Posted by beth 11/11/2010 at 12:57 PM

maybe so Tuulia , but I still think it is a pretty significant barometer for how well he understands the language .
I am not usually the biggest Roger fan here , so I am not heaping praise on him as a general rule
but I do think his fluency in multiple languages is a great gift . Wish I had that same
Was English the language he heard at home while he was growing up ? or was it Swiss German ? or both ? i understand that small children pick up languages very quickly , as opposed to us adults .

Posted by purplerain 11/11/2010 at 12:58 PM

Fantastic writing Gauloises, I'm loving your reports,you really get the atmosphere of the place.

GB Great reponse at 12.33!

Sorry to see Nole out so early but well done to Llodra.

Posted by sf 11/11/2010 at 12:58 PM

jb - foops unite!

well said about llodra's tricky game and gauloises' excellent (mad-lol) diary.

she is really treating us to a savory dish here lately.

(note to pete: don't worry, we are a faithful twibespeople, and we still love you, too! ;-)

Posted by beth 11/11/2010 at 12:59 PM

jb - as for Davis cup , in my usual fashion of choosing the dramatic headcase , I will be cheering for the French
They are the poster children of dramatic headcases with flair :)

Posted by Ruth 11/11/2010 at 01:07 PM

Mayes: As long as both Tours, not to mention most fans, tend to think that a player's saying, "I'd like to pass on this one,please" or "I'm really too worn out right now to give my best" is a crime against humanity, the illness and injury excuses that seem so questionable or specious will continue to be the rule in professional tennis.

Posted by Aussiemarg,Madame President,Dear Wayne is Free,VamosWayne 11/11/2010 at 01:16 PM

Gauloises Thanks again for a insightful piece of writing

Hmmm enough of the James Bond music for me please.

Posted by CWATC 11/11/2010 at 01:16 PM

beth,
regarding Fed's english, here's a summary of an old interview:
"His mother is from South Africa, and he said in inteviews this week that his first words were in English. And then he switched to German and kind of forgot English, and then went back to English."

i can relate as i grew up in the US but my mom spoke her native language (hebrew) to me as a young child as well, but that stopped when i was around 6 as i wanted to be a "normal" kid and not didn't want to speak a different language around my mom. i did study it in school tho' and can speak w/ my relatives at a fair, but not great level.

fed probably stopped speaking much english at home, but between schooling and his early exposure he was in good postion when he joined the tour and needed to use it w/ press, coaches, etc.

Posted by Tuulia 11/11/2010 at 01:17 PM

beth, I agree, it's a significant barometer. I only meant that I didn't see why you were so impressed in that particular case (a person understanding well humour in second language learned at home).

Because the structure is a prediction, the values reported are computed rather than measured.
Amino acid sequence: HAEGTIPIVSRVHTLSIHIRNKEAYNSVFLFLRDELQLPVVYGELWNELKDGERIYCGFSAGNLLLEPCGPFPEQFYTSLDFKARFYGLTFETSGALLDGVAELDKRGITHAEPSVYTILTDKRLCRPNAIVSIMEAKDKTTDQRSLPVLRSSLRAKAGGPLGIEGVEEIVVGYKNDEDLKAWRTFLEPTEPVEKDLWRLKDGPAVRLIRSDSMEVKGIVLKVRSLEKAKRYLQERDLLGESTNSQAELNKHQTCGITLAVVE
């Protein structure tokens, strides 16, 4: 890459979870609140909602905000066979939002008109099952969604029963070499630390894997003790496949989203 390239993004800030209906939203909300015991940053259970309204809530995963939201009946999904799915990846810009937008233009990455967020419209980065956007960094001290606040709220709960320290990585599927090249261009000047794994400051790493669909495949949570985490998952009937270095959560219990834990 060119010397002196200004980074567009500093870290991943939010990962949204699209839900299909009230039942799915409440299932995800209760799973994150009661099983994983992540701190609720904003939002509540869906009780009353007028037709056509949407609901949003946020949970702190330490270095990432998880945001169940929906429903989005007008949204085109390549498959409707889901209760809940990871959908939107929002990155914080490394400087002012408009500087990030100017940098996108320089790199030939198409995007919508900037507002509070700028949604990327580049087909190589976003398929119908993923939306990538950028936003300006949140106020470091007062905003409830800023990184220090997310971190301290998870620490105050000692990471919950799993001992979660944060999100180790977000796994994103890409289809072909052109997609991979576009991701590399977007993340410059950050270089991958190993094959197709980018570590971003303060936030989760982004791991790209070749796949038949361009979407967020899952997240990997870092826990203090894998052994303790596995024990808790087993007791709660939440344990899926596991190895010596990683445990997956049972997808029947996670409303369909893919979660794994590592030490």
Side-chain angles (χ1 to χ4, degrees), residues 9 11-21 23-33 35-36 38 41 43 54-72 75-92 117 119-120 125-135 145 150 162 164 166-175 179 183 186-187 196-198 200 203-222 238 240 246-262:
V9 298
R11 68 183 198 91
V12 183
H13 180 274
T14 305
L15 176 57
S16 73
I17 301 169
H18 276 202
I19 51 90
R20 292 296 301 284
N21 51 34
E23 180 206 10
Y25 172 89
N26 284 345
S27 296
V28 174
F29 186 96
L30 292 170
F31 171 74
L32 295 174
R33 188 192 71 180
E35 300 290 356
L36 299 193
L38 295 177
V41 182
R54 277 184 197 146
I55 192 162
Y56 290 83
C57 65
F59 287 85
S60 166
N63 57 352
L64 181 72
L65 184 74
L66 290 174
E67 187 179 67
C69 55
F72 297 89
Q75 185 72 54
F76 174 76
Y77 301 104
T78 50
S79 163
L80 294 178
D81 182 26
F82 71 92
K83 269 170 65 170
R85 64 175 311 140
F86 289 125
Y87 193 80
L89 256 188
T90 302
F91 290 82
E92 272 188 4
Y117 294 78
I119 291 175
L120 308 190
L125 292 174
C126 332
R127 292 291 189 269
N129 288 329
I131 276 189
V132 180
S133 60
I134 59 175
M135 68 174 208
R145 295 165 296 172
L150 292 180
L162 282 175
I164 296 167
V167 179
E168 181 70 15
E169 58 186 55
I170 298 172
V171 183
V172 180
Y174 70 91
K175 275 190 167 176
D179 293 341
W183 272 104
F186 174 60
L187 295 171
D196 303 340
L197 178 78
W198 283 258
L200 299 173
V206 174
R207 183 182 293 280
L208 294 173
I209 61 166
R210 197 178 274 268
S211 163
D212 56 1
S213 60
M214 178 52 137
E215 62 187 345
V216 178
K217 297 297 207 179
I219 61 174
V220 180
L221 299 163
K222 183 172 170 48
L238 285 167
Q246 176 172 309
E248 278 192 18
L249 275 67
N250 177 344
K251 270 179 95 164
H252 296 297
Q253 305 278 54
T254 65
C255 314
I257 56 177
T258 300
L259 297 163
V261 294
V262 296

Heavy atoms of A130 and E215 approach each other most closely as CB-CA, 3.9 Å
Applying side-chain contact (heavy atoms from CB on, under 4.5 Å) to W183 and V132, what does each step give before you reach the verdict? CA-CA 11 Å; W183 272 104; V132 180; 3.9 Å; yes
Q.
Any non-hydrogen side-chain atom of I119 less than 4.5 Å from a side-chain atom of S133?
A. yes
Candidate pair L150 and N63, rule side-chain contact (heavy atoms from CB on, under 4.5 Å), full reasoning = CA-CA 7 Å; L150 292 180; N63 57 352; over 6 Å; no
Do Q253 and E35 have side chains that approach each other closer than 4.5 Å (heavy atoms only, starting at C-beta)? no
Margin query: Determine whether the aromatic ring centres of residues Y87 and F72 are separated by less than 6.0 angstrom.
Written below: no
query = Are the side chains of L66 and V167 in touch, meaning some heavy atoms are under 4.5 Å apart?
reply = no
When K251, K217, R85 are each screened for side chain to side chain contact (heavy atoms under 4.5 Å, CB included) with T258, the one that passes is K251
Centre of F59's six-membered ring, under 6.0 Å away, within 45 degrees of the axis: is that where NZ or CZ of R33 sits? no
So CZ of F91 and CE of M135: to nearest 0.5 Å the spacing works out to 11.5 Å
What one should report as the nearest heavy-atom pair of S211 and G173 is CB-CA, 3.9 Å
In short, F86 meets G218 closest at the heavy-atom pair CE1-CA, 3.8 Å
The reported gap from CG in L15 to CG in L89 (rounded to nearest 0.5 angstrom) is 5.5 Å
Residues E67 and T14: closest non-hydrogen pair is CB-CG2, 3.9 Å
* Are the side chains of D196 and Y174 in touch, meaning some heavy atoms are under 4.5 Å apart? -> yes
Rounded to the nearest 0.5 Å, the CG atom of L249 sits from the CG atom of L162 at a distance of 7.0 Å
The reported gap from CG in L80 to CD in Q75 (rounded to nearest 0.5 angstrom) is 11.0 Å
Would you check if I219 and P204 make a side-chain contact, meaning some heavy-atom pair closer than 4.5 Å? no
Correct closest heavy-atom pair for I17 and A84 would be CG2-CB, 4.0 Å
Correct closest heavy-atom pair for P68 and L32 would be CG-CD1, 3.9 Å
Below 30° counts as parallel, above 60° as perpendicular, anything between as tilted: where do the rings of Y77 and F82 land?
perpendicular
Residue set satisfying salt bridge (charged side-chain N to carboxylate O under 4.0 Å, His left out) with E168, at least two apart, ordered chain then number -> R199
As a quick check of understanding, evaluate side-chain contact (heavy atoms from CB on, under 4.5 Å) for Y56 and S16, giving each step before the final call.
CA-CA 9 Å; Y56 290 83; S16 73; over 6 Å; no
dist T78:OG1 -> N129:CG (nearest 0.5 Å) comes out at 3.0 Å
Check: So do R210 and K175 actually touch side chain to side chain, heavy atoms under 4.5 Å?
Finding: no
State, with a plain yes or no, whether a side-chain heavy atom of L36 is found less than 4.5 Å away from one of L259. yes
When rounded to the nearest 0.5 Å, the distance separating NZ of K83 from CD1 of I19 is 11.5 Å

Posted by Jay 11/11/2010 at 01:17 PM

You are a born diarist, Gauloises.

Posted by Aussiemarg,Madame President,Dear Wayne is Free,VamosWayne 11/11/2010 at 01:19 PM

Beth I didnt see all of the Llodra match.I guess on current form he will be picked as the no 2 singles players.What are your thoughts with the doubles

Posted by Tuulia 11/11/2010 at 01:20 PM

CWATC, thanks that was interesting.

Posted by roadrunnerz 11/11/2010 at 01:21 PM

Being a fan, I'm usually cool with heaping praise on Fed, but as a fellow Swiss I have to agree; I don't think his trilingualism is a big deal.

Most non-anglophone tennis pros speak at least two languages, usually more. I think Nole's multilingualism is actually more impressive as he has a reasonable fluency in more languages than Fed.

Fed's French isn't perfect (I've seen native speakers, including friends of mine, mock his (and my) French) and, no, Swiss-German does not count as a fourth language!

Switzerland is a small country with four official languages and when you're living there you're exposed to at least three of them on a regular basis (on TV, radio, in print etc), plus most people need to learn English for business on top of that. I liked one poster's earlier comment that said those who are multilingual are those that have to be. It's true, in Europe, in order to get anywhere, you have to be. Fortunately, or unfortunately, in England or North America you don't have to be, hence why most anglophone tennis pros speak only the one language.

I do think it's cool that Fed takes the time to give pressers in more than one language, when it's something he probably doesn't HAVE to do.

Posted by roadrunnerz 11/11/2010 at 01:23 PM

And on an altogether different, note, very happy that Ferrer clinched a spot in London!

His one of my fave 'other' players, and I'm glad to see him doing well this year.

Posted by Tuulia 11/11/2010 at 01:25 PM

*applauds roadrunnerz*

Posted by Tuulia 11/11/2010 at 01:27 PM

Also thrilled for Ferru.

Posted by Aussiemarg,Madame President,Dear Wayne is Free,VamosWayne 11/11/2010 at 01:28 PM

Well personally speaking I think if possible its good to keep your native language.

Though coming to Australia where English is the lauguage spoken I feel its most essential to learn the language and also how to write it.

A lot of ederly people coming here found it difficult with the English language.I know this from talking to people that came to live here in Australia on a permanent basis.

Posted by Aussiemarg,Madame President,Dear Wayne is Free,VamosWayne 11/11/2010 at 01:32 PM

Tomas you know my feelings on t/breaks

Posted by Tuulia 11/11/2010 at 01:32 PM

AM, if they were already elderly at the time of moving and didn't speak it before, I'm sure it was really difficult.

Posted by naughty T....urbane gentleman 11/11/2010 at 01:34 PM

madeleines and ham... breakfast of champions. No wonder your memories of the day are so Proustian in their insight and wit.

Posted by Aussiemarg,Madame President,Dear Wayne is Free,VamosWayne 11/11/2010 at 01:34 PM

Tuulia Indeed.I personally found the English language hard myself I was only 10 yrs old lol!